Correctly Identify Mites in Strawberries

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Lewis mites on a strawberry leaf. Lewis mites have smaller spots that run along each side of their bodies. Identification of mite species is important for effective control (photos by Surendra Dara, UCCE.)

With mites in strawberries, it is important to correctly identify the species to achieve effective control.

At the 12th-annual Santa Maria Strawberry Field Day webinar, UCCE Santa Cruz Farm Advisor Mark Bolda reported on two strawberry pests, two-spotted mite and Lewis mite, and how to distinguish the two. This is important, Bolda said, because Lewis mite is not apparently responsive to the same materials and predators as two-spotted mite.

While the two-spotted mite generally has two larger dark spots on its back, Lewis mite has smaller dark spots that run along each side of the body. Lewis mite eggs are smaller than two-spotted mite eggs.

Lewis mite was found in Ventura-area strawberry production about ten years ago and it first appeared in the Salinas-Watsonville area in the last three years.

Feeding by Lewis mite kills leaves on strawberry plants and reduces yields. Both two-spotted mites and Lewis mites gather at the underside edge of leaves. Bolda said Lewis mite damage causes the leaves to have a purple tinge, and the damage tends to spread more slowly across a field. It is common to see both species on the same leaf at the same time.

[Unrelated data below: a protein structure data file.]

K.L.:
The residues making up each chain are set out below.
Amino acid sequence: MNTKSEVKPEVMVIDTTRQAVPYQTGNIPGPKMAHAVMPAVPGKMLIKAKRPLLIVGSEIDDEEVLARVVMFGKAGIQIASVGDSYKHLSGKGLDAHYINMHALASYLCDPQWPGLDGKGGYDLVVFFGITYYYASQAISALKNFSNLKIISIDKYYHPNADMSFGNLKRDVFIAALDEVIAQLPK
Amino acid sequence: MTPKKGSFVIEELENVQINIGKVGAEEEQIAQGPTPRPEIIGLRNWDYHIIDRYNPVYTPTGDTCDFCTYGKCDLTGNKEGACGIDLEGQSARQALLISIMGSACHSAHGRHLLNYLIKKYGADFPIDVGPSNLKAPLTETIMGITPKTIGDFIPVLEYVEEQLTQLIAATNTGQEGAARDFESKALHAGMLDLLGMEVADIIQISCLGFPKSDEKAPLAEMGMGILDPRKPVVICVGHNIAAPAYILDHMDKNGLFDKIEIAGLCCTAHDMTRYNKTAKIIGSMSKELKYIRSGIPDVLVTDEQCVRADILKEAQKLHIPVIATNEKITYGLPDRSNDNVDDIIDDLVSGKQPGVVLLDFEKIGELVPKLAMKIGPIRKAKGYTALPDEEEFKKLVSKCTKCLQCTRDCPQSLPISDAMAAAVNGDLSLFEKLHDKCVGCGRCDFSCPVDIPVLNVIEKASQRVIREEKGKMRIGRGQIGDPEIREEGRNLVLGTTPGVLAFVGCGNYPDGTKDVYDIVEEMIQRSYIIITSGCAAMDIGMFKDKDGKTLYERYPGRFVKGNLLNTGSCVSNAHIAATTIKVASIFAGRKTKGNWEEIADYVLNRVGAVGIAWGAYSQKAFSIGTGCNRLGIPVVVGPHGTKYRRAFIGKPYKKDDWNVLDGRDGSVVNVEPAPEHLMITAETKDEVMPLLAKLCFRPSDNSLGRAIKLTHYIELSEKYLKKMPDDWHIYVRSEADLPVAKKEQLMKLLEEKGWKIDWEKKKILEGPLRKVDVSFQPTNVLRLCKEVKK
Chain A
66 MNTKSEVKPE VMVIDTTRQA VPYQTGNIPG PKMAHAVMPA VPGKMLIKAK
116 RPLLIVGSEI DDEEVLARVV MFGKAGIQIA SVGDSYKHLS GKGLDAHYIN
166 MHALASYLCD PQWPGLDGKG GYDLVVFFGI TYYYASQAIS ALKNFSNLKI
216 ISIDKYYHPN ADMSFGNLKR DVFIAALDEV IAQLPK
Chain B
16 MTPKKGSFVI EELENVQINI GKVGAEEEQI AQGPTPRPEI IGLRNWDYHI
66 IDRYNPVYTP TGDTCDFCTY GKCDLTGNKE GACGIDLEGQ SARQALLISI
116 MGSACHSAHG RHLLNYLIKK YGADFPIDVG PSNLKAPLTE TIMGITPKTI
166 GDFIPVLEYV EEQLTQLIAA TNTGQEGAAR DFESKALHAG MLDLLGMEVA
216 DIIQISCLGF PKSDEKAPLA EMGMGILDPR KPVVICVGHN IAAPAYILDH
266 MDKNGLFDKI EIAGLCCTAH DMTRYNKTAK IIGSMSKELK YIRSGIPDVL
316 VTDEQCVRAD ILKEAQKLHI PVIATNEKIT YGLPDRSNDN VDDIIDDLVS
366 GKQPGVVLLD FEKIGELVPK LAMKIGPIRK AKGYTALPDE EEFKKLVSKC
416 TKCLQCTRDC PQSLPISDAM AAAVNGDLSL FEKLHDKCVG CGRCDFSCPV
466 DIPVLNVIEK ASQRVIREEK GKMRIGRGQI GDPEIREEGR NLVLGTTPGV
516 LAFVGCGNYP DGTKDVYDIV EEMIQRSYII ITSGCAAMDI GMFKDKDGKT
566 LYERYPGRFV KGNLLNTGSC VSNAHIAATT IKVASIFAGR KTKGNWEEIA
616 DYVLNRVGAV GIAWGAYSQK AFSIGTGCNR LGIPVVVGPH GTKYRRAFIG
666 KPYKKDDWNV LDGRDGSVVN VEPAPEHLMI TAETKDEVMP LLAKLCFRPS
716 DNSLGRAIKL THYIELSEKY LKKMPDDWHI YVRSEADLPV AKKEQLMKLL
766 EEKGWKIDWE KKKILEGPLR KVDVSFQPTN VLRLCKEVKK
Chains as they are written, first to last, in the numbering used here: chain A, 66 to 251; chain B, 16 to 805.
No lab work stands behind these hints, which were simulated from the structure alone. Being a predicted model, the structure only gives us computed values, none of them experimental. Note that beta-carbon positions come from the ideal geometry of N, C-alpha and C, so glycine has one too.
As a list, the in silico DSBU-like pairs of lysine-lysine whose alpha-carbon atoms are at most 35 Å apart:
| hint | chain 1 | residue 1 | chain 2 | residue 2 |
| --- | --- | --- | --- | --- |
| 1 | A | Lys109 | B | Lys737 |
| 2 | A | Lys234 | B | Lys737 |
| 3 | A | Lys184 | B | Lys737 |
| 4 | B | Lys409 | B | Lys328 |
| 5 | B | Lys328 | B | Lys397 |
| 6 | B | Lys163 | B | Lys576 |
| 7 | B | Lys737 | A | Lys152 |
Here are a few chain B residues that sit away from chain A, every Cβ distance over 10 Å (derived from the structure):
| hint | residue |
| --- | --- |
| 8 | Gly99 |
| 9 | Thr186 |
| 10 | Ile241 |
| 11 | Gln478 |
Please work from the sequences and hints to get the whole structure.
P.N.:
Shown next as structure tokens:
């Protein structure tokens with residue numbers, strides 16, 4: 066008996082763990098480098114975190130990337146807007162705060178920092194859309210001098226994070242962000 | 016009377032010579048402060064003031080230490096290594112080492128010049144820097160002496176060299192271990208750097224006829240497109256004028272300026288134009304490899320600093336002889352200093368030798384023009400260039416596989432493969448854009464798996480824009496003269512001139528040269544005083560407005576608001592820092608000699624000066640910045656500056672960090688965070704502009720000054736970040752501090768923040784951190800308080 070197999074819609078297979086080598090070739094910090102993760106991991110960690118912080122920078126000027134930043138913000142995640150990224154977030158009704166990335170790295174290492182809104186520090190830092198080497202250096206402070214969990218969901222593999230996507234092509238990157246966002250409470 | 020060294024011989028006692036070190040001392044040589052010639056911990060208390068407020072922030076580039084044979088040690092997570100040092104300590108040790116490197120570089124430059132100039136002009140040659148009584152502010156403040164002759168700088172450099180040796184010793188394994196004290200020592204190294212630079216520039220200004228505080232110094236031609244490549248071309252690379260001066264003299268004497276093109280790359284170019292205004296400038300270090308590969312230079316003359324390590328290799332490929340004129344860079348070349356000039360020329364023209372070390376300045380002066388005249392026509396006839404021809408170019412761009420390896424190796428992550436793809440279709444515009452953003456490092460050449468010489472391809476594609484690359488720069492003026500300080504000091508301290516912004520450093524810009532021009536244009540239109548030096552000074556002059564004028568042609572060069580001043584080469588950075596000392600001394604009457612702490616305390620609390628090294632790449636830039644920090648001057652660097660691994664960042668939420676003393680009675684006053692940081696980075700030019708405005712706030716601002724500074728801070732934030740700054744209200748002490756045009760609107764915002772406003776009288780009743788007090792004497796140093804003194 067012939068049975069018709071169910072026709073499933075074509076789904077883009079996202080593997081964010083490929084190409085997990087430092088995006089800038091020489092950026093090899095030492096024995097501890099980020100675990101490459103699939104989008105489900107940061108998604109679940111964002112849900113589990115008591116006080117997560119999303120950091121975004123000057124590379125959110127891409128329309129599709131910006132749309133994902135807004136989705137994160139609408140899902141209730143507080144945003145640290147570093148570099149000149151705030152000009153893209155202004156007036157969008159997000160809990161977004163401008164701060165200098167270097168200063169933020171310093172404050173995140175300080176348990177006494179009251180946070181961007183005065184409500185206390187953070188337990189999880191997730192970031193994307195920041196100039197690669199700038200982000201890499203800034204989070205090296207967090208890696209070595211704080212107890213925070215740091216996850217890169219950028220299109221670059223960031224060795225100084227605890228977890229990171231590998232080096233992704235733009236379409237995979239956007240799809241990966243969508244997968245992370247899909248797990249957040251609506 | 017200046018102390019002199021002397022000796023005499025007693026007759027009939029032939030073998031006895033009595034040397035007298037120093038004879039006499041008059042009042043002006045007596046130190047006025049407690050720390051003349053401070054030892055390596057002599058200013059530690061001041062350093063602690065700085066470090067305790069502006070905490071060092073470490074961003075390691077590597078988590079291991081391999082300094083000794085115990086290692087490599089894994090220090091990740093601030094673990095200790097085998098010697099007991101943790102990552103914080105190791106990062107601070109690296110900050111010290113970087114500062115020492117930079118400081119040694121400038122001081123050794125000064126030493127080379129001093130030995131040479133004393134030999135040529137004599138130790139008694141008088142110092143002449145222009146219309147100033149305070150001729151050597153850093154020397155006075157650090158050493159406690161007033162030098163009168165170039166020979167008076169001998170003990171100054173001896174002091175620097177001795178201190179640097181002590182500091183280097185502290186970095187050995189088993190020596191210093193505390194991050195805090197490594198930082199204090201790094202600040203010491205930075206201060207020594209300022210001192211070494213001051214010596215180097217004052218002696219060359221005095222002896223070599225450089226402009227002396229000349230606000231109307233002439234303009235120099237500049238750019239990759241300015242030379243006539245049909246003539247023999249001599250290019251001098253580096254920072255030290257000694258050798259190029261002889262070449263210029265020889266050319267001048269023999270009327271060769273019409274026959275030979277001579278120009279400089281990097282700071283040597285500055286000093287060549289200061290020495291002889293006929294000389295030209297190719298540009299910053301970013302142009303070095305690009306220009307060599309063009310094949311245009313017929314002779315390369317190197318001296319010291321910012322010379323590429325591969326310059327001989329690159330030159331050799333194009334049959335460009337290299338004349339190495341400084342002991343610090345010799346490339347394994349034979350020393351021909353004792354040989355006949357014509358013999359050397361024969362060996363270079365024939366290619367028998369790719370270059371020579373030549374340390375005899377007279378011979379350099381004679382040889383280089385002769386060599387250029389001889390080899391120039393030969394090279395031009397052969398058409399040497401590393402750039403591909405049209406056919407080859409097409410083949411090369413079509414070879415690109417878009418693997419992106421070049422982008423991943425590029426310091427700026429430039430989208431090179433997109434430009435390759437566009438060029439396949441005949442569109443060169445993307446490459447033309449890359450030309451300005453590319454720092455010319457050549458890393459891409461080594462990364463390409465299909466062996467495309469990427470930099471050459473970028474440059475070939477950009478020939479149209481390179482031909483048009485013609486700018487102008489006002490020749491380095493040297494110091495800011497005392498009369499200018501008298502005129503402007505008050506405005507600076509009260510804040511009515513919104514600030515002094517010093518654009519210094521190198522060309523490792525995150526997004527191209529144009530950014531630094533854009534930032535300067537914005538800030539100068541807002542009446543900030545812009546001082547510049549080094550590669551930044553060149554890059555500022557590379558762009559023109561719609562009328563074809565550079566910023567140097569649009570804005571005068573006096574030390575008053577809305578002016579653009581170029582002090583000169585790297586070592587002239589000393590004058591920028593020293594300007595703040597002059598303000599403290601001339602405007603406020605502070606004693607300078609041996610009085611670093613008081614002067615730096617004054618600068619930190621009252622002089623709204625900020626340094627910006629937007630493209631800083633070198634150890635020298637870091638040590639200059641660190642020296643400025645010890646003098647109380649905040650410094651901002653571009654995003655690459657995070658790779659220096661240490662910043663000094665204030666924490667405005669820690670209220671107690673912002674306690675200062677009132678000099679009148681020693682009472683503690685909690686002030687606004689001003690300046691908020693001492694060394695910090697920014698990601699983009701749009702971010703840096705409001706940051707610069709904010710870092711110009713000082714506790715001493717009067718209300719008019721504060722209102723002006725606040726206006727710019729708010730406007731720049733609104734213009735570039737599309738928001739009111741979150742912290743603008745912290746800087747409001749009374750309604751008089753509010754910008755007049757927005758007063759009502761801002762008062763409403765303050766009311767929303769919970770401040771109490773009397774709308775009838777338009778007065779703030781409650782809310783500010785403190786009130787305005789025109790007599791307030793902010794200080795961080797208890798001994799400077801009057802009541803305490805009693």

Lewis mite has one larval and two nymphal stages prior to the adult stage. Eggs are laid on the leaf edges and larvae emerge after three days. Colonies are often found at leaf edges or veins.

A full life cycle of Lewis mite is about 14 days at 77 degrees F, according to UC IPM guidelines. The cycle can take fewer days at warmer temperatures. Two-spotted mites’ full lifecycle takes about five days at 75 degrees F.

Bolda noted that in mid-winter coastal strawberry growing areas, it is unusual for a large percentage of mites to become dormant. Instead, they continue to grow and lay eggs, although at a slower pace during the winter months.

In an efficacy study, Bolda said the most promising materials were tested first in a lab setting to get an idea of their control level.

The list included Oberon at 16 fl. oz. per acre; Vestis, a surfactant, at 13 fl. oz. per acre; Aza-Direct at 32 fl. oz. per acre; Agrimek at 16 fl. oz. per acre; and Nealta at 13.5 fl. oz. per acre. Ten leaves per treatment replicate were evaluated under a microscope. Adults and eggs were counted. Treatments were made January through mid-April. Numbers of Lewis mite were low until the end of March. Materials with the most efficacy were Vestis, Aza-Direct and Agrimek.

Complete information on this trial can be found on Bolda’s blog.